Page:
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Xbox One Upgrades, Oculus Rift in Crisis, and E3 Disappointment: AOTF Podcast #32

by Kyle Hanson

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It’s time for AOTF Podcast #32, with Will and I discussing the gaming news of the week. I just wanted to go one week without having to discuss the possibility of new consoles arriving so soon after the introduction of the PS4 and Xbox One. That hope was dashed with Kotaku’s report that a slim Xbox One would be arriving this year and a totally upgraded model next. Supposedly this upgraded Xbox One would have 4K and Oculus Rift support.

I’m still just not wrapping my head around this massive shift in the console market, with it seemingly destroying many of the ideas that make consoles even worth buying in the first place. Will’s comparison to phones makes sense, and is probably exactly what Microsoft and Sony were thinking when they concocted this plan, but I’m not buying it. A phone is used for multiple hours every single day, while a gaming console is a luxury item. There’s a reason that tablet sales are tanking, and it’s because once you get outside of the $200 price range, people aren’t as willing to upgrade every single year.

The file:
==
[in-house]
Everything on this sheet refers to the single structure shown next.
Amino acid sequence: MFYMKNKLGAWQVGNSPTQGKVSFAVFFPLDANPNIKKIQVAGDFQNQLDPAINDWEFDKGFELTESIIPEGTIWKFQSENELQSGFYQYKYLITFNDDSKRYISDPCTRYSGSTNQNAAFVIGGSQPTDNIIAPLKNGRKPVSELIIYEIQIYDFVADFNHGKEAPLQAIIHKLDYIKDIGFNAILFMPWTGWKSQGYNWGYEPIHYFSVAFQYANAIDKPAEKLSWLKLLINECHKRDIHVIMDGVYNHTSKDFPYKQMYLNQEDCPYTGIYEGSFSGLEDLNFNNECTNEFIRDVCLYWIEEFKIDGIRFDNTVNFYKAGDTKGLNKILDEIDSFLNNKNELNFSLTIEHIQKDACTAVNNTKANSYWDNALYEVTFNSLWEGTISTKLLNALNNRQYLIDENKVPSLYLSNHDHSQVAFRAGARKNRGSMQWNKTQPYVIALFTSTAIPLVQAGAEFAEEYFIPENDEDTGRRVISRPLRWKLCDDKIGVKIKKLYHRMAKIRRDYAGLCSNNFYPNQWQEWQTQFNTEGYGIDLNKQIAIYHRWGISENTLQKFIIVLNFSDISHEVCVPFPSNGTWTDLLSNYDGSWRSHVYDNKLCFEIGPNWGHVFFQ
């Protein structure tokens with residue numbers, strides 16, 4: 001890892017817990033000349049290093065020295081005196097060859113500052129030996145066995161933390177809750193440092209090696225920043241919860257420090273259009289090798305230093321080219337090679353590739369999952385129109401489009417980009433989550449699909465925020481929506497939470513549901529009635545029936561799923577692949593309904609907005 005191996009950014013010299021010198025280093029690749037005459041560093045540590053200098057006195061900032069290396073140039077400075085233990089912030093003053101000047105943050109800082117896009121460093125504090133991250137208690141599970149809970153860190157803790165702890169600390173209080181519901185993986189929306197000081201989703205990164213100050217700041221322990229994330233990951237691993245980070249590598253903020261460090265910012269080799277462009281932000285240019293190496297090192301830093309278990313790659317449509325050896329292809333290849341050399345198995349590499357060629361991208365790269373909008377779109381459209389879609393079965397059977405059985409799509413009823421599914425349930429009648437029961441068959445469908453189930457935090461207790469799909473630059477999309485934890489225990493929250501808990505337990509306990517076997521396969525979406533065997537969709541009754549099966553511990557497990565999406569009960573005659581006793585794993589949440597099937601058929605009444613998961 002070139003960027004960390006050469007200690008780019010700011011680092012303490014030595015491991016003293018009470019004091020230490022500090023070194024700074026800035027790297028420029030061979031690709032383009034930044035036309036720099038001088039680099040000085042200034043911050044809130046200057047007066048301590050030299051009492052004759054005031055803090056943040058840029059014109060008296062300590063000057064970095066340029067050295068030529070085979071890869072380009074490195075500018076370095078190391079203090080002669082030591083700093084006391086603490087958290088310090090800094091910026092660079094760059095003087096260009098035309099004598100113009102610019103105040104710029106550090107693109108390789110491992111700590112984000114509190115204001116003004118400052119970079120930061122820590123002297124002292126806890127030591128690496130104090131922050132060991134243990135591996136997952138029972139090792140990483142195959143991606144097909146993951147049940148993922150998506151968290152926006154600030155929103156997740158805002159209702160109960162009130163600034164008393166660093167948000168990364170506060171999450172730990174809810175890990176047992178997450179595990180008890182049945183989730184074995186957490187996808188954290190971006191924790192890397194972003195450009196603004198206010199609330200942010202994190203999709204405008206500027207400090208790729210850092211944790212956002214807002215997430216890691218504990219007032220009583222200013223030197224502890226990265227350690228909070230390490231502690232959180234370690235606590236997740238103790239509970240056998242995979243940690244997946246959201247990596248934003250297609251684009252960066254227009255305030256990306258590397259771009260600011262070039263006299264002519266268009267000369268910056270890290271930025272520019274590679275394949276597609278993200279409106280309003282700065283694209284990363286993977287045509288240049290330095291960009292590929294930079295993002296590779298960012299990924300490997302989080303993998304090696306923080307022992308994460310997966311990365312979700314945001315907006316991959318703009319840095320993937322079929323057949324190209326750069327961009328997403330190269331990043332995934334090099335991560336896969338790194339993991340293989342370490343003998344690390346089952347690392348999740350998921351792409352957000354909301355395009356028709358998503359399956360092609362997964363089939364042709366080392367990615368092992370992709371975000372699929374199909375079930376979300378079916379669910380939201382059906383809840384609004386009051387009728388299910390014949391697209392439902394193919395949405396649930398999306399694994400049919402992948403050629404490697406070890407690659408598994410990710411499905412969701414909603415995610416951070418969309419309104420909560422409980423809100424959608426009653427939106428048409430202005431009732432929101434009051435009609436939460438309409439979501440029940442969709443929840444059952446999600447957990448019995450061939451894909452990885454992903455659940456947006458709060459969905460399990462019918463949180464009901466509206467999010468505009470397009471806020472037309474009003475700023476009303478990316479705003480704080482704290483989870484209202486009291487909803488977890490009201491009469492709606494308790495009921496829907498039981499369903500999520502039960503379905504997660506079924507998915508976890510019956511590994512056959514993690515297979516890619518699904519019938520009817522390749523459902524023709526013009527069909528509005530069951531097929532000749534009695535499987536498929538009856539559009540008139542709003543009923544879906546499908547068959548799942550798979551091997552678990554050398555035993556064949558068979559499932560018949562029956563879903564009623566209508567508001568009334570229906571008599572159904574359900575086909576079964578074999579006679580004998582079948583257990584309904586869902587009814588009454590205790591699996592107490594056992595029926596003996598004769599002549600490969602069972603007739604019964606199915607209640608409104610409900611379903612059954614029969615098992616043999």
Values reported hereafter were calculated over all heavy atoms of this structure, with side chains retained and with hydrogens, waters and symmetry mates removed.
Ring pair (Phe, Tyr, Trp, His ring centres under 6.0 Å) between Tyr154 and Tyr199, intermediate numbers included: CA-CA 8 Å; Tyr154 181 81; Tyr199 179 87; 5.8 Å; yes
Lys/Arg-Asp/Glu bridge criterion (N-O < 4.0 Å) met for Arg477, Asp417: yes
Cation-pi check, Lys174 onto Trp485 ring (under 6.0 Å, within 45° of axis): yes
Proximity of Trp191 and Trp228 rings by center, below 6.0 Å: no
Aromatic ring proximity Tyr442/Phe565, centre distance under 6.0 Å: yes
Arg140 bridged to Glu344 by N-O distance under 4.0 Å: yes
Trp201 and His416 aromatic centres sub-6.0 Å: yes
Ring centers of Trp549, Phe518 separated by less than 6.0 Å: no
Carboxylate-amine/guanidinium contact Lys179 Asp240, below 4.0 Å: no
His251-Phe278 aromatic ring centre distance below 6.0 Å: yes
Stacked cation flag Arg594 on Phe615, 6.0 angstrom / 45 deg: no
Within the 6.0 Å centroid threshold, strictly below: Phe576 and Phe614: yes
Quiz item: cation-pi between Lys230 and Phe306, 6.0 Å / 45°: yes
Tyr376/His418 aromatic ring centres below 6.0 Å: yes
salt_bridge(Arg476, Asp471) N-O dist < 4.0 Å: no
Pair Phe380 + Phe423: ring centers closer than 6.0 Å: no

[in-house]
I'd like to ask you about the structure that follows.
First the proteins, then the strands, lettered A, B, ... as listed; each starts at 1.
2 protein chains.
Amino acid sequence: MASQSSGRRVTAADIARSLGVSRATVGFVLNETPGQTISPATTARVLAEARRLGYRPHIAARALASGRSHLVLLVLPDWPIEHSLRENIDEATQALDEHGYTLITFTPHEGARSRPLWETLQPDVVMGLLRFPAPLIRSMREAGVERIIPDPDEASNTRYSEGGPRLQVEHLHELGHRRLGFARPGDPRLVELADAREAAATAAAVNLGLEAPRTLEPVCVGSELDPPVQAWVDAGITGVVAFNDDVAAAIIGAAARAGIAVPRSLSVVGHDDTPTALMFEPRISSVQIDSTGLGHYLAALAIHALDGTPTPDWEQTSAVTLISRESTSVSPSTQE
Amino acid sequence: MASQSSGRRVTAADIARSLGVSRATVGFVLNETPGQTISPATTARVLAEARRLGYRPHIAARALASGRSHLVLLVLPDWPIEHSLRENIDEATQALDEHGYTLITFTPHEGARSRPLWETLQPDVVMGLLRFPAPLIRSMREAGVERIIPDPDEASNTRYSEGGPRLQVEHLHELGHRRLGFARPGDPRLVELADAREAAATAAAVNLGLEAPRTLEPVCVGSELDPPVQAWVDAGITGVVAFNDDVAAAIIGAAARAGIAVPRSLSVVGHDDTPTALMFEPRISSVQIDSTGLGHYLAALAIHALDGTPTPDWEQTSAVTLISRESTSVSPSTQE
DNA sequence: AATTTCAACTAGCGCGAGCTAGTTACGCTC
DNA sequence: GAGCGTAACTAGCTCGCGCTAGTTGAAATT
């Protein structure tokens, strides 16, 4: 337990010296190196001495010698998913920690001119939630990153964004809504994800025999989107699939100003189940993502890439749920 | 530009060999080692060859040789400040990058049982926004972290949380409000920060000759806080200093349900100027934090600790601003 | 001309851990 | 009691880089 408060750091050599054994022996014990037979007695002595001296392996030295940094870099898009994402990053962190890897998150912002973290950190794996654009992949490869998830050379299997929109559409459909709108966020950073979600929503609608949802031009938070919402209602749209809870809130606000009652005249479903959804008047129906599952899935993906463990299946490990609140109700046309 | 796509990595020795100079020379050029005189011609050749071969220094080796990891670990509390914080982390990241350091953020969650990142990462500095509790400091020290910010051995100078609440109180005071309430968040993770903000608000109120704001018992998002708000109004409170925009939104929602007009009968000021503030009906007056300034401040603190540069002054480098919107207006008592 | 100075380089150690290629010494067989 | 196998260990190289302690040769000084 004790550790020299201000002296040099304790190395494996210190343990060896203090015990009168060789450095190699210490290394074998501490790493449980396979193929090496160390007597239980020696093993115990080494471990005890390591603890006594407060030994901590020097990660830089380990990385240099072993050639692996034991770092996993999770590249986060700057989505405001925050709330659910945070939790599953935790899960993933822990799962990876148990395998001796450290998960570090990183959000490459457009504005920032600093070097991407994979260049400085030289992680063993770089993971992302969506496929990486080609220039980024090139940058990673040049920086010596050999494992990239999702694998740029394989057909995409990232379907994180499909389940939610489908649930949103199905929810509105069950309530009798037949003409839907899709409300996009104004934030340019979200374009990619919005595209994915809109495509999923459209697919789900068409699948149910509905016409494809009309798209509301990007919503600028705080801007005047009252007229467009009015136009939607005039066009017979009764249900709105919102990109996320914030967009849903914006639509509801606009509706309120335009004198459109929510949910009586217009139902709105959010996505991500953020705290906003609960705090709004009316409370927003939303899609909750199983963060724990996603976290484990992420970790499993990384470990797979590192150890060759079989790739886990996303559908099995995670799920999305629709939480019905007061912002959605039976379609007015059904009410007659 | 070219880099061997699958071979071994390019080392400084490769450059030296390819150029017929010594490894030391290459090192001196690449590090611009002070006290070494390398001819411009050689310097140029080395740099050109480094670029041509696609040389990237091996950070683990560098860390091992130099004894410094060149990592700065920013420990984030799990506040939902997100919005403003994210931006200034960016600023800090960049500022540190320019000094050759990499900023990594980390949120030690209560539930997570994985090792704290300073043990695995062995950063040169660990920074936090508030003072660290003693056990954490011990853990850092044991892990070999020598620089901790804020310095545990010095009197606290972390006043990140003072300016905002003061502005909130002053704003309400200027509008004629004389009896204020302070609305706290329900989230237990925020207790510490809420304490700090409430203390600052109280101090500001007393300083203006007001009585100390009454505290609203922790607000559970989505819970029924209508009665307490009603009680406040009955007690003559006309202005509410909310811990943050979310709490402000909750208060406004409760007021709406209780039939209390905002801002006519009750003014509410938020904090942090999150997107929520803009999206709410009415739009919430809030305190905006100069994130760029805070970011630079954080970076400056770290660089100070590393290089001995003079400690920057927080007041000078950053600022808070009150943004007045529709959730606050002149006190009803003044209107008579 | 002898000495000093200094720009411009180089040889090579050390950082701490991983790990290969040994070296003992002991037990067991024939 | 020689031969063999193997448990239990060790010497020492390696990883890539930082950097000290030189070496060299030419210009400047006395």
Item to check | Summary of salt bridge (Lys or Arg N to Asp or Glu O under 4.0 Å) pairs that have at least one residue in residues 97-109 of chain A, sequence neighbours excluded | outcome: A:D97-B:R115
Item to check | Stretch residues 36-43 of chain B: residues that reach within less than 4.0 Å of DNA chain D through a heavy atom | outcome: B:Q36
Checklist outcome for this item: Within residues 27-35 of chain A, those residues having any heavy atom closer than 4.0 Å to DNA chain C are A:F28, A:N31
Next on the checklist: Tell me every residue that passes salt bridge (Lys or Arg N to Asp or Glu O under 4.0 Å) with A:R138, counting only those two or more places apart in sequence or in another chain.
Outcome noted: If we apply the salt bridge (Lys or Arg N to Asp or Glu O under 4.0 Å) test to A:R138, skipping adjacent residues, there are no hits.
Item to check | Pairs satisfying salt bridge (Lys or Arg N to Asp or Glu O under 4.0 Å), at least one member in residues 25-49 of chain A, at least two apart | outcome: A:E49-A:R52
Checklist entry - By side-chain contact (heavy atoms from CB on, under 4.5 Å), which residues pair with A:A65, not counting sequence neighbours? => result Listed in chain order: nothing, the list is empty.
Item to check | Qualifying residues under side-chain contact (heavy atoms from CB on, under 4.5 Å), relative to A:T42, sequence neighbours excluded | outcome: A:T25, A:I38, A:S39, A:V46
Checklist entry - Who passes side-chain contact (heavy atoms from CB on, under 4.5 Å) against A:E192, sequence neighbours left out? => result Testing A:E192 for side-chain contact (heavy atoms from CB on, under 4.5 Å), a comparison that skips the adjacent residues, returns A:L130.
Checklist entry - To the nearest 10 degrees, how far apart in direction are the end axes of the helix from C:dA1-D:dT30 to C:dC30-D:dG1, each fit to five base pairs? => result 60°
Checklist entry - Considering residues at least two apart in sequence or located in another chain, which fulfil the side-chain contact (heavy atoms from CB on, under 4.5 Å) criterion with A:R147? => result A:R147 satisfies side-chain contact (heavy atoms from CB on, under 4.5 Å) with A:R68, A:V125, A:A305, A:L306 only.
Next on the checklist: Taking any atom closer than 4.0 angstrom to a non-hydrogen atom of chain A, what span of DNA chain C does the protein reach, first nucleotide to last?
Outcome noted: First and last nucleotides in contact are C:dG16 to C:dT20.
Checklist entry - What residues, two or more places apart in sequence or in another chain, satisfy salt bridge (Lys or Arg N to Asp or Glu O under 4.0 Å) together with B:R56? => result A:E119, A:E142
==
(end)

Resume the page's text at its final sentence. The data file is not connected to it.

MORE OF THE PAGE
On the PC side of things, the VR revolution continues chugging along, but its main star seems ready to explode, and not in a good way. The Oculus Rift launch was a disaster, I think few people can argue with that now, but the months that have followed have been a giant cluster. Misstep after misstep have led to the company’s most die hard customers turning completely against Oculus.

The problems seem to stem from the decision to break away from Steam and produce the standalone Oculus Home store. Here gamers can purchase VR titles for their new headset. It was an unfortunate choice, but made sense from a business perspective, with Oculus looking to take home a chunk of every game purchase. However, it locked out Vive owners from buying, until the Revive mod came along.

This mod has now been disabled though, with Oculus introducing new DRM to the equation. The developer worked fast and partial use is back, but only by circumventing the DRM, which actually opens up Oculus to a bigger piracy threat than if they had left well enough alone. Overall it seems like Oculus is trying desperately to set themselves up as a platform, ala PlayStation or Xbox. Gamers, however, argue that it is not a platform, but a peripheral. The idea of games being locked down to only work on certain brands of monitor, keyboard, or mouse is almost absurd, and this is how VR is looking at the moment.

While these were the big stories of the week, there were many more, including Oculus being called a tech thief by a Valve employee, Halo making its way to PC in a unique way, and Naughty Dog selling a ton of Uncharted 4 while looking forward to their next game. Hear all this news and our thoughts on it in AOTF Podcast #32.

 

Available on iTunesGoogle Play or download the MP3

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